IV.

We turn next to the five factor test set forth in United States v. Flanagan, supra, to be considered when a Fifth Amendment claim is asserted as to foreign prosecutions. This test, which is built on the language of Zicarelli v. New Jersey State Commission of Investigation, supra, and United States v. Yanagita, supra, is as follows:

". . . the court in resolving the issue must then focus on such questions as [1] whether there is an existing or potential foreign prosecution of him; [2] what foreign charges could be filed against him; [3] whether prosecution of them would be initiated or furthered by his testimony; [4] whether any such charges would entitle the foreign jurisdiction to have him extradited from the United States; and [5] whether there is a likelihood that his testimony given here would be disclosed to the foreign government." (numbers in brackets added.)

United States v. Flanagan, supra note 2, at 121. Our analysis of the application of these factors to the instant case leads us to the conclusion that there was no real and substantial risk that Gilboe's grand jury testimony would have subjected him to foreign prosecution.*fn3

Gilboe was asked to testify before the grand jury about the participation of others in his frauds and the disposition of the proceeds of those frauds. Since most of Gilboe's activities took place abroad, the risk of foreign prosecution cannot be so easily dismissed as would be the case if the inquiry were solely into activities in this country -- beyond the ordinary reach of foreign governments. Cf. United States v. Flanagan, supra note 2,; (questions restricted to activities in the United States); United States v. Yanagita, supra, 552 F.2d at 946-7 (same).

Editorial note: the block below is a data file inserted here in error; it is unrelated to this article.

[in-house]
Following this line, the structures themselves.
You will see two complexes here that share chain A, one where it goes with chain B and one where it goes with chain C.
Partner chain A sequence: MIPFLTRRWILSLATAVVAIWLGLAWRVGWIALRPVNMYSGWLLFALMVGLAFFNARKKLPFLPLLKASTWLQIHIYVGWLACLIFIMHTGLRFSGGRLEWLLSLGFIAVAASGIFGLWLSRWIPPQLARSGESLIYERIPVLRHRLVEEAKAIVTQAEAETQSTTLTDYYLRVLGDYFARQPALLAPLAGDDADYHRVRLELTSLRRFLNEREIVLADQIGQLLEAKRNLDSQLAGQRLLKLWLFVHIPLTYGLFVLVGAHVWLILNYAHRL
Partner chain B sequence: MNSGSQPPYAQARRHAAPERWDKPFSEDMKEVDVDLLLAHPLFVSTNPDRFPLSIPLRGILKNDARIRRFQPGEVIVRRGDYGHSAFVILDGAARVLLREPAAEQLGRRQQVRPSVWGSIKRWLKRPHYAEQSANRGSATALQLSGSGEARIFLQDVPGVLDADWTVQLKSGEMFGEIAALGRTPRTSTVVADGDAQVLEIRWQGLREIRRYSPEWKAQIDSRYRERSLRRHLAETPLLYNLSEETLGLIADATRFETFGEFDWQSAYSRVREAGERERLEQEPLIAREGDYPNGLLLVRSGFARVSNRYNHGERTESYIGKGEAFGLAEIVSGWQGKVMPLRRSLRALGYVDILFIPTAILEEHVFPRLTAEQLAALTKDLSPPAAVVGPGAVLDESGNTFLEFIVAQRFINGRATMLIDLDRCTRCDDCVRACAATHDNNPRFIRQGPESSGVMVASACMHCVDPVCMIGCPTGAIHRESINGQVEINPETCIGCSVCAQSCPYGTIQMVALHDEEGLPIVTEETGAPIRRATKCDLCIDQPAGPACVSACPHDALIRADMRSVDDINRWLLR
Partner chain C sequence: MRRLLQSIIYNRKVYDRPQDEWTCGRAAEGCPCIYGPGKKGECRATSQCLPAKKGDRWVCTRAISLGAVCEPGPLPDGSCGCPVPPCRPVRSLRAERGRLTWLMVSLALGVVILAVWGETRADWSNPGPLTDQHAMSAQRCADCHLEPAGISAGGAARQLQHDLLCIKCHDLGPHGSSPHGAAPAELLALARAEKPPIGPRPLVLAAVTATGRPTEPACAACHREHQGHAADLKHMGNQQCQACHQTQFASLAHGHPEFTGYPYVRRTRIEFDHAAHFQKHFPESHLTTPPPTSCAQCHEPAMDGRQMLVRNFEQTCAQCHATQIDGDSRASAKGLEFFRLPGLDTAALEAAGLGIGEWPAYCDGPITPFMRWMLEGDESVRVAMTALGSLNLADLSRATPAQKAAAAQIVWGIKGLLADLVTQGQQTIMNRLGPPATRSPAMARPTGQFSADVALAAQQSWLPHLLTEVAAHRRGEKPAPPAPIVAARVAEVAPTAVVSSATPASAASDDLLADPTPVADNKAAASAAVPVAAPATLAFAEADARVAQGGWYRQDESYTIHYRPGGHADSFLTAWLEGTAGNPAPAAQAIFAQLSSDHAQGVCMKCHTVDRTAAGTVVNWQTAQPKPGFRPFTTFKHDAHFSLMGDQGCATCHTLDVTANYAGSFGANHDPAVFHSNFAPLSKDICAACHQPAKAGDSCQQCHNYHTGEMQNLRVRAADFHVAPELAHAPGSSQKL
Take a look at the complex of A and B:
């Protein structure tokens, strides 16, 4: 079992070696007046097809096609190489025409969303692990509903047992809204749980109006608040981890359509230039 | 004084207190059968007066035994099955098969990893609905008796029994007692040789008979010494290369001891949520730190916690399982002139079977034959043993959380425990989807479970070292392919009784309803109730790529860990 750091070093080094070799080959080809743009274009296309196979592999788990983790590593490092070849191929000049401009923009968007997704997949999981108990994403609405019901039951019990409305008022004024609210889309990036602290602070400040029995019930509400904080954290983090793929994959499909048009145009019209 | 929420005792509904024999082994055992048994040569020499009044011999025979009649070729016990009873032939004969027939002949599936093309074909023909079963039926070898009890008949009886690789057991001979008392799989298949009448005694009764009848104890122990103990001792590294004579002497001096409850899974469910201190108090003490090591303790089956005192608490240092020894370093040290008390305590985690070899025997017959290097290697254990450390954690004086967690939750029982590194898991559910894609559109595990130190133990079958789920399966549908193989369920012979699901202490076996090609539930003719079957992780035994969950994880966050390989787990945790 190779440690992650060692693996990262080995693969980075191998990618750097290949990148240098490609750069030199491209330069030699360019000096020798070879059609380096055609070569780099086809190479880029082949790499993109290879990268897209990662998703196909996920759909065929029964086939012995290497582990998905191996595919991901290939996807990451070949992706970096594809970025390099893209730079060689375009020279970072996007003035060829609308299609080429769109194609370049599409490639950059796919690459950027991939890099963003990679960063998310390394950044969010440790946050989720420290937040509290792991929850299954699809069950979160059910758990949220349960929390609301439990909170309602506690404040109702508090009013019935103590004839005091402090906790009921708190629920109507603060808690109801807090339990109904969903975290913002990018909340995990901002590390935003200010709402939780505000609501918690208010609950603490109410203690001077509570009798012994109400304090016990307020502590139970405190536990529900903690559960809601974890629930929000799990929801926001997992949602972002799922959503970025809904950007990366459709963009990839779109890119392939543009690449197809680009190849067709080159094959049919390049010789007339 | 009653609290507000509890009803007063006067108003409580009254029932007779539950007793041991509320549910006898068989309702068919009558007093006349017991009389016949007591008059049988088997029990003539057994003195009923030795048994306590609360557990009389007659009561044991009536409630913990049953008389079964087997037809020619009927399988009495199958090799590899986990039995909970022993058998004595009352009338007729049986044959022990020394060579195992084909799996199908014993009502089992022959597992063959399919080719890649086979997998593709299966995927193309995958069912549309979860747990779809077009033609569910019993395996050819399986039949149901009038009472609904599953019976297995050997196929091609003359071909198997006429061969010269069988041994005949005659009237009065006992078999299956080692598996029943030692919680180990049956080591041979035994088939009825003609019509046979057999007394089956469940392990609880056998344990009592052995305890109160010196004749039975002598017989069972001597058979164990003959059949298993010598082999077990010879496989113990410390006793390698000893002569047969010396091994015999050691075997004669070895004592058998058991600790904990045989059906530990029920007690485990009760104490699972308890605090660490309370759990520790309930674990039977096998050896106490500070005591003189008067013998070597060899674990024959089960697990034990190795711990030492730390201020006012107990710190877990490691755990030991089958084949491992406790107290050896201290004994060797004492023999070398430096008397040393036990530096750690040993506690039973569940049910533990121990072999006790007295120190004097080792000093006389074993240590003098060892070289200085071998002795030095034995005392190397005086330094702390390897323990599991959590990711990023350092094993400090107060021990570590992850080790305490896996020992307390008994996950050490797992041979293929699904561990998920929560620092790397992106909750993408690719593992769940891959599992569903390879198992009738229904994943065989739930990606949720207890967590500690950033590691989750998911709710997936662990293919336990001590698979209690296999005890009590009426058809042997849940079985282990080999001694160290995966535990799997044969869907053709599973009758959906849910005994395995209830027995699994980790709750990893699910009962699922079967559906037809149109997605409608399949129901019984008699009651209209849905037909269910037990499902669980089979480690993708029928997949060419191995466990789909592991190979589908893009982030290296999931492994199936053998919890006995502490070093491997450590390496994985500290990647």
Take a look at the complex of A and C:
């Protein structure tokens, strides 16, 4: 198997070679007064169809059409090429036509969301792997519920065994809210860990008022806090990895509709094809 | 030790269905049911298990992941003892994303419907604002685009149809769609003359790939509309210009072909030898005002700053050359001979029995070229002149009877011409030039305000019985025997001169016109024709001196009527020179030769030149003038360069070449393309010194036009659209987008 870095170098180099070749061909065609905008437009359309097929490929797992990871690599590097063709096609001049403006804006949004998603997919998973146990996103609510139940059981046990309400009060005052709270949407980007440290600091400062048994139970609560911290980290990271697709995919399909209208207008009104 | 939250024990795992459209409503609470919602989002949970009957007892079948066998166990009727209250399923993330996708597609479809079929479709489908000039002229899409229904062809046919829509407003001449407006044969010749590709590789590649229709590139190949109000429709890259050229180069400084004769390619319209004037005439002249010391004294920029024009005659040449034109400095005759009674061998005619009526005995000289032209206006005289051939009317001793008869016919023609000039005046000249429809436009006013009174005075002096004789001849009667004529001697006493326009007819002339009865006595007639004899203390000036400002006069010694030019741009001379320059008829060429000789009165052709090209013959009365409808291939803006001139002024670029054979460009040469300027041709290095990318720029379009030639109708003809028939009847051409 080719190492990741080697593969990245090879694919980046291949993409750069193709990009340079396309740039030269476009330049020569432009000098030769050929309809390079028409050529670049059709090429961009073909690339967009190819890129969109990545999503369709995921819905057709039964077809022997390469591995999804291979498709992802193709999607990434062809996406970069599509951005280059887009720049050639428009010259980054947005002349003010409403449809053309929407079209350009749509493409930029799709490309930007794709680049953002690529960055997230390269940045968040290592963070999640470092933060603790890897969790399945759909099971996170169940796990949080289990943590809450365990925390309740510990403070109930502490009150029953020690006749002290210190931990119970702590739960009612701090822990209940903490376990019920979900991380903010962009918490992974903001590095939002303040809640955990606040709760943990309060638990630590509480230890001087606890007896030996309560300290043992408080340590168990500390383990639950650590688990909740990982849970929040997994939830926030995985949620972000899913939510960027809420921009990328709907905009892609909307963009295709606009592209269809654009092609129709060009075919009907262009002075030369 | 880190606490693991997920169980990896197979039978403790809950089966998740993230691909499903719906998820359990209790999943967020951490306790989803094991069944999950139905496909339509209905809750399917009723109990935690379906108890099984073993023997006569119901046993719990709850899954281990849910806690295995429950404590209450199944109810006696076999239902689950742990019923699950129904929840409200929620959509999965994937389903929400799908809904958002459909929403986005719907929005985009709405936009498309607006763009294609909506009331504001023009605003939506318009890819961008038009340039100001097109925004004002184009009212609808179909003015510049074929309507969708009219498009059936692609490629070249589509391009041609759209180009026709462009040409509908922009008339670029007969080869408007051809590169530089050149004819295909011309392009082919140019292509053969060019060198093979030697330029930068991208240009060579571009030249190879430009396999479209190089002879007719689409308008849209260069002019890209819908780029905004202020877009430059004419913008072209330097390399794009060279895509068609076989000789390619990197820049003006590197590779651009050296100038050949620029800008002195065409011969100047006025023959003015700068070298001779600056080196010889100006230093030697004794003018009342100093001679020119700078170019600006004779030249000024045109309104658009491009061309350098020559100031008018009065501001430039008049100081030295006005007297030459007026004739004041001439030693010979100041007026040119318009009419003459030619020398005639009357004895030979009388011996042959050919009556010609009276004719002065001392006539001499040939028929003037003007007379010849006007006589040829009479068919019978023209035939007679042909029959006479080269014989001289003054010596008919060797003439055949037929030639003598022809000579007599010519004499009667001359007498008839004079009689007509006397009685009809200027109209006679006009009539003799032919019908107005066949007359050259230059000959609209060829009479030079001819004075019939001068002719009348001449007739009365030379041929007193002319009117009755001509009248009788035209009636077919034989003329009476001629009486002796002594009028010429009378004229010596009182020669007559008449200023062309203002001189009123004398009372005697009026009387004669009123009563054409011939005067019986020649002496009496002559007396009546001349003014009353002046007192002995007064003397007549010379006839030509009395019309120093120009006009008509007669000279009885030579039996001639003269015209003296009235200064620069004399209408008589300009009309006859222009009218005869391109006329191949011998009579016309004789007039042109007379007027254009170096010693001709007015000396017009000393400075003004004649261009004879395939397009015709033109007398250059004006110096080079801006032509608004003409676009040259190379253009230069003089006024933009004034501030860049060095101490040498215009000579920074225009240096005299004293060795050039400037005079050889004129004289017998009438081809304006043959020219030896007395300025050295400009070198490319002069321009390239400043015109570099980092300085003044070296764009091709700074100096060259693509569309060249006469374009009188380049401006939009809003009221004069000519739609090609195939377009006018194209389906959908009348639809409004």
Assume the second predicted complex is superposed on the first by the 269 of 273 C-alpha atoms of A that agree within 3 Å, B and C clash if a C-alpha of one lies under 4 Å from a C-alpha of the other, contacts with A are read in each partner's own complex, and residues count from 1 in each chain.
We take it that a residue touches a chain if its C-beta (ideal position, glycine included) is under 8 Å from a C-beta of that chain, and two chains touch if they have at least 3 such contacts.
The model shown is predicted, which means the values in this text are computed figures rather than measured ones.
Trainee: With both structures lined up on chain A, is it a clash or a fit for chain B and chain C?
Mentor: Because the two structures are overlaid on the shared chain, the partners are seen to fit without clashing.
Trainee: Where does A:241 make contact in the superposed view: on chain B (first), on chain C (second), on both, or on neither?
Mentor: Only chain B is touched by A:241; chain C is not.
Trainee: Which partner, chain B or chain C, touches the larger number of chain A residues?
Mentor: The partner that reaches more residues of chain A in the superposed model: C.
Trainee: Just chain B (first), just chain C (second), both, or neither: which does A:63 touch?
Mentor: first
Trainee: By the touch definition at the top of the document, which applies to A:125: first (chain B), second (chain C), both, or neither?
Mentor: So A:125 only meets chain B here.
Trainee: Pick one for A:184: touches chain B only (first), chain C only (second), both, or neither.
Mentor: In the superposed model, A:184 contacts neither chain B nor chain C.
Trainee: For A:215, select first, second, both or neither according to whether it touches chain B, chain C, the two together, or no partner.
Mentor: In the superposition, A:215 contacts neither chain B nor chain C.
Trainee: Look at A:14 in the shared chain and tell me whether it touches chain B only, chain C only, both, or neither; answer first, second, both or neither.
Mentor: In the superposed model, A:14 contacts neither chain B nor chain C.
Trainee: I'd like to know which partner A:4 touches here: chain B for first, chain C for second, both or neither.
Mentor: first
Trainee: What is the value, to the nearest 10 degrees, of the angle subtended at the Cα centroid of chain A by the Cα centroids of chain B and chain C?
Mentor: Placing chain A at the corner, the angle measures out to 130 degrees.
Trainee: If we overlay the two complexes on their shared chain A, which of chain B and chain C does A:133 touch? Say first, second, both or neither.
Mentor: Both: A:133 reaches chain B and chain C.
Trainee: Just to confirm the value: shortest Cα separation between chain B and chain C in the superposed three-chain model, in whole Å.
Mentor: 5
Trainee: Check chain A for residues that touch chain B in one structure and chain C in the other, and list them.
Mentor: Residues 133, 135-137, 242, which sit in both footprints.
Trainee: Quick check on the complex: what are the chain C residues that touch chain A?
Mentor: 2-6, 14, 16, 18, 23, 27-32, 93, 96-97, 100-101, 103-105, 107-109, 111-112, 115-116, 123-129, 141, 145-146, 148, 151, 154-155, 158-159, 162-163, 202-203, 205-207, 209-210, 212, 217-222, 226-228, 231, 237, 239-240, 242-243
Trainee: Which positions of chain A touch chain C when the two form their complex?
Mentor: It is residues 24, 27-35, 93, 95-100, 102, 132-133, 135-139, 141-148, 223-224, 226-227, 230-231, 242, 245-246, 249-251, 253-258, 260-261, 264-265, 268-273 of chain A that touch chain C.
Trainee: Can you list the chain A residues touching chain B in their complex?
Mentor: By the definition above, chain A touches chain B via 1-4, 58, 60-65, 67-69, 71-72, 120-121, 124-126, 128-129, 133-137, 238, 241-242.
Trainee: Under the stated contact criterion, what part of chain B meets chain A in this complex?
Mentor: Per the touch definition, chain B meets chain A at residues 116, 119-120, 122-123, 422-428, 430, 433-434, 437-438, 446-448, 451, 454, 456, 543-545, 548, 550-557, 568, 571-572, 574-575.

An examination of the type of questions put to Gilboe -- before he refused categorically to answer all questions -- suggests that no substantial risk of prosecution would have resulted from his answers. Of the four questions asked,*fn4 only one arguably involved Gilboe's own conduct; the rest concerned his acquaintance with other persons. Yet he flatly refused to answer all questions. We find nothing in this record to demonstrate that Gilboe's compliance with the order to testify would have forced him to divulge information that would have incriminated him under foreign law.